Conflicts & War

India’s main opposition party launches nationwide ‘unity’ march

By David Asta Alares

New Delhi, Sep 7 (EFE).- Rahul Gandhi, the scion of India’s Nehru-Gandhi political dynasty and leader of the main opposition party Indian National Congress, on Wednesday launched a 3,500-kms long ‘unity’ march, echoing the iconic protests led by Mahatma Gandhi during the independence movement.

As it holds internal elections to name its new leader, the historic Congress party has been witnessing one of its lowest points in history after a series of electoral losses to Prime Minister Narendra Modi’s Bharatiya Janata Party, which it accuses of undermining India’s democratic values.

“I lost my father to the politics of hate and division. I will not lose my beloved country to it too. Love will conquer hate. Hope will defeat fear. Together, we will overcome,” Rahul Gandhi said at a rally in the southern city of Sriperumbudur, where his father and former prime minister Rajiv Gandhi was assassinated by Sri Lankan Tamil rebels in 1991.

Accompanied by leaders and supporters, Rahul will lead the march that will kick off from India’s southernmost end, Kanyakumari, and end in the northern state of Jammu and Kashmir, covering over 3,500 kms on foot in 150 days.

“We have realized the deterioration of democratic values and the erosion of institutions, inflation, unemployment. (…) Principally due to the atmosphere of fear and hatred that has been created and sponsored by the ruling party in India,” All India Congress Committee secretary Ashish Dua told EFE, hailing the march as unprecedented in independent India.

The march on foot or “padyatra,” harks back to a long tradition in the country, drawing obvious parallels with the iconic marches by Mahatma Gandhi during the independence movement, including the 1930 “salt march,” in which he led thousands of people in the western state of Gujarat to break a law that banned people from making their own salt and avoiding unjust British taxes.

The BJP had also organized massive rallies across Indian states in early 1990s demanding the construction of a Hindu temple in the place of a historic mosque in the northern city of Ayodhya, claiming it to be the birthplace of Lord Ram.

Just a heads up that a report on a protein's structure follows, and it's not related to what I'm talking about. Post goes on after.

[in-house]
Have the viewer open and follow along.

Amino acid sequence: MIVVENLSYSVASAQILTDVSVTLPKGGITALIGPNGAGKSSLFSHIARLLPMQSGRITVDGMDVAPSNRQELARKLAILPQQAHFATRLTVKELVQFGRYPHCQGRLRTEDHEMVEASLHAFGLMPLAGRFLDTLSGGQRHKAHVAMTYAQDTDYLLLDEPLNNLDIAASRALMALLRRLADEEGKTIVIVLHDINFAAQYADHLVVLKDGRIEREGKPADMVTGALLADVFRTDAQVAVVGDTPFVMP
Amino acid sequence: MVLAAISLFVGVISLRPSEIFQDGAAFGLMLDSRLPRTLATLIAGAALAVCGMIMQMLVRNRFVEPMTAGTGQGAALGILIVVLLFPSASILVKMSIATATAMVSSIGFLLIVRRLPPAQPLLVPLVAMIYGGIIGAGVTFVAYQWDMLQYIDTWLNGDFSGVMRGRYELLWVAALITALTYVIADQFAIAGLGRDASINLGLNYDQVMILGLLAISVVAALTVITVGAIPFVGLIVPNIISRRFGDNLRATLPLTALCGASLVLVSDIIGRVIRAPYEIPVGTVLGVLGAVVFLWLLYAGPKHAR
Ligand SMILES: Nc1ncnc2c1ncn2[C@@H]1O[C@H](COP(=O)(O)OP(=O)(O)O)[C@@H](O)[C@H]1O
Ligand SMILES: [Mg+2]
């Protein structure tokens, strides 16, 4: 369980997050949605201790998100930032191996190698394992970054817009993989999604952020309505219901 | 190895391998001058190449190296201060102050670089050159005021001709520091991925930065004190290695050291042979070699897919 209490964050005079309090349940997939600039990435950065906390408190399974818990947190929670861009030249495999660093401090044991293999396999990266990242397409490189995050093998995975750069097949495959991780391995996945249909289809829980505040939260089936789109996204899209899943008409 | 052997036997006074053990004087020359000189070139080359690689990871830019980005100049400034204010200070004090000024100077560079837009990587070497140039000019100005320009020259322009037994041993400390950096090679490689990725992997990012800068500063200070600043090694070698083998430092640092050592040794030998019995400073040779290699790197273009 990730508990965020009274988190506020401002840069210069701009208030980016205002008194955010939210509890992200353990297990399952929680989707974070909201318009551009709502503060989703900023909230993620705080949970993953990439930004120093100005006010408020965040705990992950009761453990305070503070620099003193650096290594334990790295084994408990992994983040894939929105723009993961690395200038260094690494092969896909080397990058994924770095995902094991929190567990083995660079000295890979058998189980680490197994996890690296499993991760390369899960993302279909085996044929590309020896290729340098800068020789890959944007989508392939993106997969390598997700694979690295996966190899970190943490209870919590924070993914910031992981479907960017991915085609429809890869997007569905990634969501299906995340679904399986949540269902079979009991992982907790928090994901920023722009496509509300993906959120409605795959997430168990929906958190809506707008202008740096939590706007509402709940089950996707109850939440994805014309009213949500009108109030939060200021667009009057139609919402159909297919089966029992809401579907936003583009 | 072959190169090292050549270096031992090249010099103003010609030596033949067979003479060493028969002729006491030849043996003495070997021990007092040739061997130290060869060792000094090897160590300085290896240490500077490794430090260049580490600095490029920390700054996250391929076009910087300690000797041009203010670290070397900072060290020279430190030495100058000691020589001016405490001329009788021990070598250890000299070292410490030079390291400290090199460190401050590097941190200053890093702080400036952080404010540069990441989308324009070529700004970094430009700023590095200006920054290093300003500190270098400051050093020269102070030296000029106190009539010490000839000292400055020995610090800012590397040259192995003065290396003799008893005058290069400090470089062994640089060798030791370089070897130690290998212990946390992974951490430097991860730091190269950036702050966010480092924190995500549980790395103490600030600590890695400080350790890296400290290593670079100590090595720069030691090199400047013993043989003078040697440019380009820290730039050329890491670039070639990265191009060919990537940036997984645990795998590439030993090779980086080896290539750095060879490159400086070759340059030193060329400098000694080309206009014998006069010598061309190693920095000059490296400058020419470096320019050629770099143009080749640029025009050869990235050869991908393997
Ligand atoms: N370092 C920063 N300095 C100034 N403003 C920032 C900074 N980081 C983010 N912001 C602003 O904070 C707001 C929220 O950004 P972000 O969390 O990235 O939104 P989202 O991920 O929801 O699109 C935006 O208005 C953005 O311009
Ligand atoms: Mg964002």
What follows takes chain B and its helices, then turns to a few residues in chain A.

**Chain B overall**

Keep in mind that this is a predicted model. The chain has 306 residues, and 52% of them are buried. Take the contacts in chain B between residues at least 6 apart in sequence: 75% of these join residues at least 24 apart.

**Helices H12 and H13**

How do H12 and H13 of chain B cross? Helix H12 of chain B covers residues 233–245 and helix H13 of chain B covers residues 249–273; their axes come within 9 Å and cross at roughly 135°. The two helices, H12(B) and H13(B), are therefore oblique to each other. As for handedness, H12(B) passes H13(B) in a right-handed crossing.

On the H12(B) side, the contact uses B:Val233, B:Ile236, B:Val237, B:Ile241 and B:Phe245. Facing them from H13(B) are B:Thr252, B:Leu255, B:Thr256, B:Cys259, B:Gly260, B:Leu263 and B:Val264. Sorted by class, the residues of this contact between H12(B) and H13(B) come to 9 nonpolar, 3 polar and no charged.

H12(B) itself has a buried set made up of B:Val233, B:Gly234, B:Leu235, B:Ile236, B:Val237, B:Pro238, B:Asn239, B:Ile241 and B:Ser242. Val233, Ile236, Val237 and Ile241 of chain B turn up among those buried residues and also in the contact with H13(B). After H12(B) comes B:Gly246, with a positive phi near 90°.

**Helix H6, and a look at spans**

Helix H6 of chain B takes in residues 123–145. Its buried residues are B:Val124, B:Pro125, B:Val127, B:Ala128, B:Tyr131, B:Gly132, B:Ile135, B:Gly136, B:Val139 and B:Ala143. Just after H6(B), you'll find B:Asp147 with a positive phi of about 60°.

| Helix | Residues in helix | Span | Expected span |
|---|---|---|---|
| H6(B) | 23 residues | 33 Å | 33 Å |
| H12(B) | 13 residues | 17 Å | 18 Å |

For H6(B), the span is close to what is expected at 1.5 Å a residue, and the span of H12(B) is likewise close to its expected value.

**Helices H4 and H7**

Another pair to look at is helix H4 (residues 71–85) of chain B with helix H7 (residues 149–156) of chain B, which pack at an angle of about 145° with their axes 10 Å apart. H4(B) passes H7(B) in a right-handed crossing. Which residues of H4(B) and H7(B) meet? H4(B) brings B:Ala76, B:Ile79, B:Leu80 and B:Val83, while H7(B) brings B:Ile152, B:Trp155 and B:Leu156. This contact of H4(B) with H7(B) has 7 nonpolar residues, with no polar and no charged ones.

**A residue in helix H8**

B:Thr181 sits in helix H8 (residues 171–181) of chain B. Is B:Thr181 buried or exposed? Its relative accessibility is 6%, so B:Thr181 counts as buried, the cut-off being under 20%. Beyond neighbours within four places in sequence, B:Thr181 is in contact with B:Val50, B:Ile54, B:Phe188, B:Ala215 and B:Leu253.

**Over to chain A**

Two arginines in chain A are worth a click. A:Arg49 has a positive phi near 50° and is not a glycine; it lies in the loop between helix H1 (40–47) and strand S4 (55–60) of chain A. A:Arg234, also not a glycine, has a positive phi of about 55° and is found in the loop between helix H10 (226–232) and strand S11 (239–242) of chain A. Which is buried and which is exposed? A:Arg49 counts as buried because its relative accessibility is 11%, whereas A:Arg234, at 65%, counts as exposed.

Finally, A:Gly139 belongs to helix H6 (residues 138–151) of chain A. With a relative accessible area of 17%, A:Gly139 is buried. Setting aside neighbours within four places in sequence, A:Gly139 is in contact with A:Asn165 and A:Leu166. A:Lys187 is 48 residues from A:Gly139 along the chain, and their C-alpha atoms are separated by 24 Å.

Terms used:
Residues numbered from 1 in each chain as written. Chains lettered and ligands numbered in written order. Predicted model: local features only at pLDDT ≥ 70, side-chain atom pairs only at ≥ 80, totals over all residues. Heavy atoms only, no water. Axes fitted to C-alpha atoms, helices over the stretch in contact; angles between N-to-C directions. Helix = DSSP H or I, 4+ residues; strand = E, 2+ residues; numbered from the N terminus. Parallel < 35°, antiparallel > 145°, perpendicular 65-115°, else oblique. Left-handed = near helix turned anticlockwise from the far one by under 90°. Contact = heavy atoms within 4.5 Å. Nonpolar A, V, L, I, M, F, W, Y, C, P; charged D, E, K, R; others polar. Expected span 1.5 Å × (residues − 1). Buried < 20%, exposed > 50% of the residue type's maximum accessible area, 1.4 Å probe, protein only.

The campaign culminated in the mosque being demolished by a mob of Hindu fundamentalists and triggered inter-religious violence in which around 2,000 people killed, most of the from the minority Muslim community.

The Congress led India’s independence struggle 75 years ago and ruled the country for decades with several prime ministers coming from its ranks, including Rahul Gandhi’s father, grandmother and great-grandfather.

In recent years, the party has witnessed a drastic decline in its fortunes and is preparing to elect a new president at a time when several veteran leaders have abandoned it.

Two weeks ago, veteran leader Ghulam Nabi Azad resigned from the party after five decades of association and blamed Rahul Gandhi’s leadership for the party’s misfortunes.

Dua insisted that the party’s internal polls were a separate matter and not related to the march.

The ruling BJP took potshots at the Congress over the march.

“India is intact, from Kashmir to Kanyakumari (…). We are one nation, we are intact,” BJP leader and chief minister of the northeastern state of Assam, Himanta Biswa Sarma, told reporters.

“It doesn’t make any sense to do “Unite India” march in Indian territory. You try and include Pakistan and Bangladesh,” Sarma said in jest, referring to the nationalist concept of a “united” Indian subcontinent that has the same borders as pre-partition British India. EFE


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